If you go anywhere in urban Japan or consume Japanese media, you may have noticed the frequency in which cats (猫, neko) appear. From cat-human hybrid characters to cat-themed decor, feline influence can be found almost anywhere in Japan. In the US, “pet culture” is alive and well too - particularly thanks to the recent rise of social media and popularization of pet-based accounts that put pets in the spotlight - but it still isn’t quite as pervasive and embedded in pop culture here as it is in Japan. So where did the Japanese obsession with cats come from?
1. Cats are a Recurring Character in Japanese Folklore and Culture
Japan’s love for cats actually dates back much farther than you may think! Being one of the oldest countries in the world (founded in 660 BC), Japan has had centuries to build a rich and eclectic collection of folklore, mythology, literature, and art. Across all of these mediums, there is one type of creature that appears regularly: the yokai (妖怪).
Yokai is the broad term used to describe any supernatural being in Japanese folklore, from ghosts, to monsters, to fairies, yokai are not necessarily all good nor evil, they are simply defined as “supernatural”. Among the multitude of yokai and stories about them, there are an abundance of catlike yokai. Two of the most influential among these are the bakeneko and the iconic maneki neko.
- Bakeneko (化け猫, monster cat)
The bakeneko is an enigmatic character in Japanese folklore and isn’t confined to one specific description. Generally, they are evil cats with magical powers such as shape-shifting, ability to speak, and necromancy (reanimating and communicating with the dead). Some stories claim that a bakeneko is made when a regular cat simply grows older and larger than a cat normally could, or if their tail grows too long. Other legends state that they are created when a cat is killed by a human and comes back from the dead to curse the person who harmed them.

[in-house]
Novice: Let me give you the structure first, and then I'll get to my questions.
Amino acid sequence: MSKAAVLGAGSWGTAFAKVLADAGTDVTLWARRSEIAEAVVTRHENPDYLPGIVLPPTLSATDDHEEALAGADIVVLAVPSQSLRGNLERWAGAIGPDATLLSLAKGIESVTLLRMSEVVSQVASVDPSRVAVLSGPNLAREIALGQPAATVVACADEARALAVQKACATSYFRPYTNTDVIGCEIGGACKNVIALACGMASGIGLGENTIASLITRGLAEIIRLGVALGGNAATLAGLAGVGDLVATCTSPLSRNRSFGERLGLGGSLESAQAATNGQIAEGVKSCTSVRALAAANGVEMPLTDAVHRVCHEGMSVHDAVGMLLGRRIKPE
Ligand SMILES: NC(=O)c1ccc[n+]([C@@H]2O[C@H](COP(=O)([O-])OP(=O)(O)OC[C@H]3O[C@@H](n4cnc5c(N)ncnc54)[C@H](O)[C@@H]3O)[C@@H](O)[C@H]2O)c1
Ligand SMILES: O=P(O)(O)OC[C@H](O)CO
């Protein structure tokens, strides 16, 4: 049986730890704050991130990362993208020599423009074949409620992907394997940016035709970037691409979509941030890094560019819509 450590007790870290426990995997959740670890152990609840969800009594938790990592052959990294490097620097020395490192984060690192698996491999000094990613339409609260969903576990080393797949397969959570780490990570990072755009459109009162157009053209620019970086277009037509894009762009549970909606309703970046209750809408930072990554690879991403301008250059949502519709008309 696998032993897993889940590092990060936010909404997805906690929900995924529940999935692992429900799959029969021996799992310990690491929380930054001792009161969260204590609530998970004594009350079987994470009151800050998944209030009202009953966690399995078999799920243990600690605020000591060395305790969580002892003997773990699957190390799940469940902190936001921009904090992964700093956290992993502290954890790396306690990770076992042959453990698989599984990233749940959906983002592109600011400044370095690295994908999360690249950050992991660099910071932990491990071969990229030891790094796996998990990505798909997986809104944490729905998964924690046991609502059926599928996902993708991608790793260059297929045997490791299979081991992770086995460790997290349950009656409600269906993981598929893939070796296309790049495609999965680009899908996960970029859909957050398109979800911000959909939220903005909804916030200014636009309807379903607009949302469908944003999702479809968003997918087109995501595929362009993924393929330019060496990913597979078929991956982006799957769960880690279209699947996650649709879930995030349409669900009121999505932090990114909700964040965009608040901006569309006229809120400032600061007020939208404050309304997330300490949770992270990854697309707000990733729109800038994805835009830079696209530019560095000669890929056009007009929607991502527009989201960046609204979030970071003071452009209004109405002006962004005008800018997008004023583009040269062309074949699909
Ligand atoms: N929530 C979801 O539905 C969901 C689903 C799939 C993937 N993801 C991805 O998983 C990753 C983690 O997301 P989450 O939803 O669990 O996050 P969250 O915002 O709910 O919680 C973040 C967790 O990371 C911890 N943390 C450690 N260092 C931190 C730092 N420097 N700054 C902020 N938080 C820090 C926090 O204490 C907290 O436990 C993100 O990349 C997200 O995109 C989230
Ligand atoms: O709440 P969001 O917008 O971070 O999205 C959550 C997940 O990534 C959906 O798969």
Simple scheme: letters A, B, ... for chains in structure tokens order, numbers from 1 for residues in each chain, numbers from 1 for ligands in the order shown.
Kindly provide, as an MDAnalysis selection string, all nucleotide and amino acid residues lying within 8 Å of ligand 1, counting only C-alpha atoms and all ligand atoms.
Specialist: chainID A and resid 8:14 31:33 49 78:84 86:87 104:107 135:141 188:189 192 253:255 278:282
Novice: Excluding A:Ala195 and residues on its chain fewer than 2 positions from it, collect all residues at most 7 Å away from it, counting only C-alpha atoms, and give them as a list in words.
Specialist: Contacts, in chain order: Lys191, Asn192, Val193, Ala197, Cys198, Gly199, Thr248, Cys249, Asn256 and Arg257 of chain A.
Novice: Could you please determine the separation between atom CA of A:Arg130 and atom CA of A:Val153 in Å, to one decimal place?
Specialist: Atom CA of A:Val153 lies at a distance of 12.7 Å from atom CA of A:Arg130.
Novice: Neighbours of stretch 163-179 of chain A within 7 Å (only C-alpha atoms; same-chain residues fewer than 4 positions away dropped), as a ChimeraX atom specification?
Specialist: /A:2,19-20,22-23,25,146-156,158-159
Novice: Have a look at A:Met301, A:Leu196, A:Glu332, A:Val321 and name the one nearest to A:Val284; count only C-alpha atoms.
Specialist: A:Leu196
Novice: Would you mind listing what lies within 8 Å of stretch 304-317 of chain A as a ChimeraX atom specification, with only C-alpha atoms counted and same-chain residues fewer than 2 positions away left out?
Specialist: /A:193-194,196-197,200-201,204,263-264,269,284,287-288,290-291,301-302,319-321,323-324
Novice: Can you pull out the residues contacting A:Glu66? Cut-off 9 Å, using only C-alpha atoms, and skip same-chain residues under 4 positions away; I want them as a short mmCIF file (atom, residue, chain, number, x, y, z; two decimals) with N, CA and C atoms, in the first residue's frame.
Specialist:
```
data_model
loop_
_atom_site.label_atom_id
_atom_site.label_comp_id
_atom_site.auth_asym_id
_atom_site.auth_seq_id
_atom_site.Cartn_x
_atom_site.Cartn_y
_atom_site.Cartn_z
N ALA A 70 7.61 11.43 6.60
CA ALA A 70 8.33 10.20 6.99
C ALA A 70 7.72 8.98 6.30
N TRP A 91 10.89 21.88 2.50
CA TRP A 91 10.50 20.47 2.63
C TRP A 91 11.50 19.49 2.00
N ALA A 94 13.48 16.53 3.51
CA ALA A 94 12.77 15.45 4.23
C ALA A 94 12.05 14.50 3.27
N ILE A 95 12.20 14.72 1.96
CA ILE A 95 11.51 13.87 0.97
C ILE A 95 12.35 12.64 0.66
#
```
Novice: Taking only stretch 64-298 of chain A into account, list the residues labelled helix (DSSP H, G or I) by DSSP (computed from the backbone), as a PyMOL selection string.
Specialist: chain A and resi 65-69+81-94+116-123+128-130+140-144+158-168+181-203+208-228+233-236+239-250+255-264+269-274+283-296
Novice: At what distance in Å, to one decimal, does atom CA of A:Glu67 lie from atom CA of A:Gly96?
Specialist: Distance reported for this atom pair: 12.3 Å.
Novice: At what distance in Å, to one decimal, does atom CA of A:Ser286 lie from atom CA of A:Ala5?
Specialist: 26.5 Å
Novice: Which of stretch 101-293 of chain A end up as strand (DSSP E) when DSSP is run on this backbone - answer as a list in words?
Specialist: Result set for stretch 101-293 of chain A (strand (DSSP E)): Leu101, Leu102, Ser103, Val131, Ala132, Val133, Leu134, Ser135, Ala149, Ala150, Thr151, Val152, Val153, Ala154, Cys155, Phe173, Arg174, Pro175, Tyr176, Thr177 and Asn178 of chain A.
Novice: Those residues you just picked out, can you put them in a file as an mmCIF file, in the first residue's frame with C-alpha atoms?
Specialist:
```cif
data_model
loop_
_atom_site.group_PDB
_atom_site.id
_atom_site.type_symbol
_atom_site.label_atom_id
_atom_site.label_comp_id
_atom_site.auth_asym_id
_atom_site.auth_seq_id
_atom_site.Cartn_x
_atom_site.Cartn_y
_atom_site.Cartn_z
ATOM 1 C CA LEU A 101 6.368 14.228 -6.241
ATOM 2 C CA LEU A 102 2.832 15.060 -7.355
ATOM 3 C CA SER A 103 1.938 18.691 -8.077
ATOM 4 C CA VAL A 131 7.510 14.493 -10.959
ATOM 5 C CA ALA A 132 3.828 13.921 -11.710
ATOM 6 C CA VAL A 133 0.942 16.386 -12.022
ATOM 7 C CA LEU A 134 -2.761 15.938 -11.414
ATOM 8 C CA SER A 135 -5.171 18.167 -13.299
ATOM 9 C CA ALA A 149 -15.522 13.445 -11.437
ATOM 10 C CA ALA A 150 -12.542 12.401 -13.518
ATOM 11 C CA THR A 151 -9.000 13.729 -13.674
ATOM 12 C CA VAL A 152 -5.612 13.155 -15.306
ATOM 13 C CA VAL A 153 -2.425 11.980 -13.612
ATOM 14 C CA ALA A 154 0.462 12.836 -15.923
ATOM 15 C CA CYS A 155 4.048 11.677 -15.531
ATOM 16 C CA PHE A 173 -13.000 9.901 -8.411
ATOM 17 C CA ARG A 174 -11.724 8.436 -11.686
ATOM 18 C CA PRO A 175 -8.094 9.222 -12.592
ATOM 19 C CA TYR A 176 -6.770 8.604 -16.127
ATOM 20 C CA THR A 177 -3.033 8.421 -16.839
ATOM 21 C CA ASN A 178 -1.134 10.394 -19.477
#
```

Tales of these evil cats date back centuries and helped to cement cats in Japanese folklore as beings who should be cautiously respected, and highlight how Japan has always viewed cats as mysterious creatures that possess unusual abilities.
- Maneki neko (招き猫, beckoning cat)
Unlike the wicked bakeneko cat, the maneki neko is a symbol of good luck and fortune in Japan and possesses a much more lighthearted backstory. According to legend, sometime in the 17th century, a wealthy samurai was out hunting near the dilapidated Gotokuji Temple, which was home to a poor monk and his Japanese Bobtail cat. Suddenly, a violent storm blew in and the man sought shelter under a large tree, where he noticed a cat waving one paw at him from the steps of the temple. Curious, he approached the cat, and, just as he did so, a bolt of lightning struck the tree he had been seeking cover under. Believing the cat to have saved his life, the samurai purchased the temple and restored it for the cat and its owner to express his gratitude. Upon the cat's passing, he built a statue on the temple grounds to honor it.
Since then, the temple and image of the Japanese waving cat have become associated with good luck and fortune. It is common to see maneki neko statues in both Western and Japanese businesses and homes as a token of wealth and prosperity (and a cute piece of decor to greet guests!) Visit our blog to learn more about the story of the maneki neko.